const actions = {
  fetchUsers: () => (state, actions) =>
  fetchDone: users => ({ users }),

const view = (state, actions) => <h1 class="title">Hello Hyperapp</h1>;

app(state, actions, view, document.body);

This was the hard part. Now we just need to add some components to show the result. We need a users component to render a single username + avatar:

const UserComponent = ({ user }) => (
  <div class="column is-one-fifth">
    <div class="box has-text-centered">
      <a href={githubUrl(user.login)} target="_blank">
        <p class="is-size-4">{user.login}</p>
        <img width="128" src={user.avatar_url} alt="" />

We need a button to fetch more random users:

const FetchButton = ({ fetch }) => (
  <button class="button" onclick={fetch}>
    Fetch random users

See how these are dump components? Everything they need is passed via parameters.

Now wire it together in the main view:

const view = (state, actions) => (
  <div oncreate={actions.fetchUsers}>
    <h1 class="title">hyperapp + parcel experiment</h1>
      <FetchButton fetch={actions.fetchUsers} />
    <div class="container" style={{ margin: '10px', padding: '10px' }}>
      <div class="columns is-multiline is-2 is-variable">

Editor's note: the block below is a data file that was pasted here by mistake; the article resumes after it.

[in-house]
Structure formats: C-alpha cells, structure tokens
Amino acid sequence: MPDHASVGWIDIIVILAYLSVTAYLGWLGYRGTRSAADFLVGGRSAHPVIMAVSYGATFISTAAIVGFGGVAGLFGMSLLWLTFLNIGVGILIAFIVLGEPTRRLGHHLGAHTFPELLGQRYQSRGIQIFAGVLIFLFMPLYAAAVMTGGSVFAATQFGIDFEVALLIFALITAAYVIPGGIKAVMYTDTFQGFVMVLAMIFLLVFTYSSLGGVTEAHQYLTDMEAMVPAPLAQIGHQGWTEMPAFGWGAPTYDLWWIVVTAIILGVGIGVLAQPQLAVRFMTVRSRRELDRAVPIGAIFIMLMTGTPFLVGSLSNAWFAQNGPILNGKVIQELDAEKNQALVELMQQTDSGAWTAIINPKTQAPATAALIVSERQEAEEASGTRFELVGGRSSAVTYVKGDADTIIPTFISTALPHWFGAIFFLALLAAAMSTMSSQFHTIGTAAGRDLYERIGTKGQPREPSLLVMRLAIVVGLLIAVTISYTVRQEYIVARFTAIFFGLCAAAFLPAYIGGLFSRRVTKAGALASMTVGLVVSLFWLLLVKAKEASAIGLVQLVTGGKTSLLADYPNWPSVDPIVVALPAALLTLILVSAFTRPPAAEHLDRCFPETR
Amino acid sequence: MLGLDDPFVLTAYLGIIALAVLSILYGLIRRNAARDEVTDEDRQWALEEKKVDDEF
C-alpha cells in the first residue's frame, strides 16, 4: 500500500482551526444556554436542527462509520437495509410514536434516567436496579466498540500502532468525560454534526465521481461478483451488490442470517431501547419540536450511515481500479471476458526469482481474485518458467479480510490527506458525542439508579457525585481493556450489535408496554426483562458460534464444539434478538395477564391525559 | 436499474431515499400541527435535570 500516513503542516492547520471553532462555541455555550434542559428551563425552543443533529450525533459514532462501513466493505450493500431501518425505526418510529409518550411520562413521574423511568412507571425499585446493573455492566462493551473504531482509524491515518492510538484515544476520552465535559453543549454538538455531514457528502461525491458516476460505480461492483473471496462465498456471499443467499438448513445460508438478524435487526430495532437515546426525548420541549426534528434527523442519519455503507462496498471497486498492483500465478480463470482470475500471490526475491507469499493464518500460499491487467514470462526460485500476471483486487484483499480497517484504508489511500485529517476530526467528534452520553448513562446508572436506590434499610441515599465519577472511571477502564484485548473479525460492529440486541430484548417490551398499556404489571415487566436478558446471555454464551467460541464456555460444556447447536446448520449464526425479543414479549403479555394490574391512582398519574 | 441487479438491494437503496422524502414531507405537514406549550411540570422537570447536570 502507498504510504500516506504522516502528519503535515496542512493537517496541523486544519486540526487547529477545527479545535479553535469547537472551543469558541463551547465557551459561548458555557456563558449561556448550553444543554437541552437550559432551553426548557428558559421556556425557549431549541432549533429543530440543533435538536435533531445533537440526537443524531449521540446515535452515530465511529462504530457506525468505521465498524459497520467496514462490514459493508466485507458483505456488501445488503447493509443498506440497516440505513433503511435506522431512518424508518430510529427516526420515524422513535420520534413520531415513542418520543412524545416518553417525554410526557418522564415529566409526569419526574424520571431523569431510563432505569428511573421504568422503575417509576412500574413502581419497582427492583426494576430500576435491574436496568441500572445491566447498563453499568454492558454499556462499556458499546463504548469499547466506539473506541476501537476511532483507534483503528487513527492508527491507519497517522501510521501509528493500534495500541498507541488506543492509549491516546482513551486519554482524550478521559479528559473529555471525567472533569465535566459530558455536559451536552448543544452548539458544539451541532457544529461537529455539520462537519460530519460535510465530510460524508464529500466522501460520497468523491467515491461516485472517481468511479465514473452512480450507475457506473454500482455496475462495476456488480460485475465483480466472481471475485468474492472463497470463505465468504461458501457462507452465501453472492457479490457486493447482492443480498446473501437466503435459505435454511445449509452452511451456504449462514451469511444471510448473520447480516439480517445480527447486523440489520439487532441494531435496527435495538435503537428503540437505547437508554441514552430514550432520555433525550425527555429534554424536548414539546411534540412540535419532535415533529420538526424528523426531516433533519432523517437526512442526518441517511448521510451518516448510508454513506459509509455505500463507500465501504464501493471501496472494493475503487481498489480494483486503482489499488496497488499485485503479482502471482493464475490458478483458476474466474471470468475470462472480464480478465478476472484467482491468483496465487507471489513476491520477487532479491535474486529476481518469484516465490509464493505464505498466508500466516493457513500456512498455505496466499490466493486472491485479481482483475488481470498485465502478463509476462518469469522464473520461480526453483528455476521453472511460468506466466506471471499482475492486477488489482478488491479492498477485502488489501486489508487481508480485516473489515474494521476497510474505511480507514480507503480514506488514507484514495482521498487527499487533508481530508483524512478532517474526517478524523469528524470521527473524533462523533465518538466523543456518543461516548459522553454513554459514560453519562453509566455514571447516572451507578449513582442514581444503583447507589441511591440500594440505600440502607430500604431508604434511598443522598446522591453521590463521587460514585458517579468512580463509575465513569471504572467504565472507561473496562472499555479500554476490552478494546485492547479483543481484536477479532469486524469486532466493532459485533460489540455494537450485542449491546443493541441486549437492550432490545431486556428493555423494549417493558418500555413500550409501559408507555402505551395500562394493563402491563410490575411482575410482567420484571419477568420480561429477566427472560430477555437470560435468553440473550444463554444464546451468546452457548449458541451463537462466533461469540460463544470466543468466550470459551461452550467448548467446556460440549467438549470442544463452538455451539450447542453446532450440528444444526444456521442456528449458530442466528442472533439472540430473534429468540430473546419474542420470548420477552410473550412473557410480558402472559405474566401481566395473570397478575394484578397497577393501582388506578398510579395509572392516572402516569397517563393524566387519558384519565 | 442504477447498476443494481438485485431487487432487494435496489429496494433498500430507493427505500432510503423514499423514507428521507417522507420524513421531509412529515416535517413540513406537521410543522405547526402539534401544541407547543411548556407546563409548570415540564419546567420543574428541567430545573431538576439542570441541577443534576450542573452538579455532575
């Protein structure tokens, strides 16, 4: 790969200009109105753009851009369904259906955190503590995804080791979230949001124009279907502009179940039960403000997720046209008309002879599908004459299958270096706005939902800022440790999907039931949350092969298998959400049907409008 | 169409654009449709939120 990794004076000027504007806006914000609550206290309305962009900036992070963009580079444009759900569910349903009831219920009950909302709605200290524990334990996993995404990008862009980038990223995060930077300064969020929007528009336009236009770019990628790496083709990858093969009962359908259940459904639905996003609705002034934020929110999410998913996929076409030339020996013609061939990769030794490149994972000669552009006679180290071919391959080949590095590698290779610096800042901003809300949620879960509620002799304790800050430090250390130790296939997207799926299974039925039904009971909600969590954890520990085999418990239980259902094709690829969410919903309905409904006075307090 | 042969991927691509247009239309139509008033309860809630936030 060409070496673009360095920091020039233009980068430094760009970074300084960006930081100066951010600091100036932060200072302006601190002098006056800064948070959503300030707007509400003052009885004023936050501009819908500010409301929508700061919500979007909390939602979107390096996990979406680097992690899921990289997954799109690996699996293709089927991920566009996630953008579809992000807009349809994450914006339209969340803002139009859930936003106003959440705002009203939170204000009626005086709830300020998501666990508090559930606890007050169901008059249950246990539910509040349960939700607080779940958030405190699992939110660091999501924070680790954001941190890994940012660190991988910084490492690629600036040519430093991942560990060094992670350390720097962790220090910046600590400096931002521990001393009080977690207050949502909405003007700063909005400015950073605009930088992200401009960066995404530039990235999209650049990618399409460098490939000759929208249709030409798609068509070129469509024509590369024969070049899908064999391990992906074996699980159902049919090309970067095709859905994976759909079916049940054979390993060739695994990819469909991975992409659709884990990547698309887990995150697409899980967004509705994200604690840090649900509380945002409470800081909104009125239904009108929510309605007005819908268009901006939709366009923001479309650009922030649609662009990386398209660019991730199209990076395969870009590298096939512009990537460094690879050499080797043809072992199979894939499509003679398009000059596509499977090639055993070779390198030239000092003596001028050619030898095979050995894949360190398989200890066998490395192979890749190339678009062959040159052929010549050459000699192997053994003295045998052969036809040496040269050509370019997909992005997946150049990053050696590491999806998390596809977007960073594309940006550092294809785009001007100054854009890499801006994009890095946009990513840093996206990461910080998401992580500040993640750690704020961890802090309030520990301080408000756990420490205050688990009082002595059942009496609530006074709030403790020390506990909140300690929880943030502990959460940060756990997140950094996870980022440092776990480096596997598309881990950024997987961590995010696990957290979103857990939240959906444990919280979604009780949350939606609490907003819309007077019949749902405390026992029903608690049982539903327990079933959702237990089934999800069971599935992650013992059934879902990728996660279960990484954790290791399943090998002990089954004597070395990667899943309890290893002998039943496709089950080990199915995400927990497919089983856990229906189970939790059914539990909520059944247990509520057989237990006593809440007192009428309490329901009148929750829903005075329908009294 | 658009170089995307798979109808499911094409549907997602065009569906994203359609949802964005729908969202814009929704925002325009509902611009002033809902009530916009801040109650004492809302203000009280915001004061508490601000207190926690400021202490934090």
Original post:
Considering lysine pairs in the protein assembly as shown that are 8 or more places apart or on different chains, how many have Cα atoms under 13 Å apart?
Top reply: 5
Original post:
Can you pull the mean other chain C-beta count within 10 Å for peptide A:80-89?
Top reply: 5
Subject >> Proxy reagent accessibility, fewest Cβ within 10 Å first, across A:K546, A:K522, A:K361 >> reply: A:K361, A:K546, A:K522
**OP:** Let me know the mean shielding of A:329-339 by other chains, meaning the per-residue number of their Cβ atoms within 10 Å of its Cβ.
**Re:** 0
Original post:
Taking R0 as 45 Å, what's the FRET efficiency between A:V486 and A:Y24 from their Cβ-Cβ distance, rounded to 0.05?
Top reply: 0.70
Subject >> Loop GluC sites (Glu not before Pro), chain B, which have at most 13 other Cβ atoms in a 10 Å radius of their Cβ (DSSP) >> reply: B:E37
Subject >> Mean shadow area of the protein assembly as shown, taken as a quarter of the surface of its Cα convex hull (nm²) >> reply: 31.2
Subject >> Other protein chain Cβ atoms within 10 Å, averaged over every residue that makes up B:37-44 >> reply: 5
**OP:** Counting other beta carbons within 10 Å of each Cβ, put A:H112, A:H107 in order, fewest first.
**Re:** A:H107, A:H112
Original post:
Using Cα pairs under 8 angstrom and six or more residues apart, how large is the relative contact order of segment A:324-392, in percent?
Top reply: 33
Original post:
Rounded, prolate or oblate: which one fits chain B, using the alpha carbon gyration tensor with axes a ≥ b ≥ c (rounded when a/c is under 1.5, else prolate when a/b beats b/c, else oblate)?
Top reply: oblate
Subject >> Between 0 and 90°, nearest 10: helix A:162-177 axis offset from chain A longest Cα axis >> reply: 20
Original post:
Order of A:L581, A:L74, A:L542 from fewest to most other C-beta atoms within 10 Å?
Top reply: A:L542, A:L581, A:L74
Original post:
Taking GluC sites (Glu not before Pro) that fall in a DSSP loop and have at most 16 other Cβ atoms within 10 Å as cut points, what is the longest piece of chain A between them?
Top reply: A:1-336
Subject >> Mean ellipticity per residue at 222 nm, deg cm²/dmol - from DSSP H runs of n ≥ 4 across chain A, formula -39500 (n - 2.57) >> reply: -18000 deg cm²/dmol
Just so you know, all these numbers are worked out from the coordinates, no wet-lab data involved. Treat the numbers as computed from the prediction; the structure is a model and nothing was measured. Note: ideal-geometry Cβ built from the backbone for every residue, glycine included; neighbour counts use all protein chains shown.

{ => <UserComponent key={} user={u} />)}

I added the oncreate attribute to the outer div to load some users on the first pageload (to be honest idk if thats the correct way to handle this in hyperapp, but it feels correct).

I also added the key attribute to the UserComponent that hyperapp can identify each component in the loop easily.

Time to build the whole thing:

./node_modules/.bin/parcel build index.html

This took about ~15 seconds on my old macbook air.

✨  Built in 15.60s.

dist/helloworld-hyperapp.js      180.5 KB    1204.90s
dist/helloworld-hyperapp.css    160.68 KB        10ms
dist/index.html                     142 B       3.27s

Looks good, but why the heck is the helloworld-hyperapp.js about 180kb? Quite big for this tiny app and given the fact that hyperapp is really small. The reason is ramda. Sadly, parcel cannot treeshare the bundle yet, so the complete ramda library is imported. Good news is, treeshaking in parcel is one roadmap!

Until than, we can fix the bundle size by importing only the functions we need from their own files:

import pipe from 'ramda/src/pipe';
import invoker from 'ramda/src/invoker';
import take from 'ramda/src/take';

This improves the build time and the bundle size:

✨  Built in 8.67s.

dist/helloworld-hyperapp.css    160.68 KB     3.37s
dist/helloworld-hyperapp.js      23.85 KB    37.43s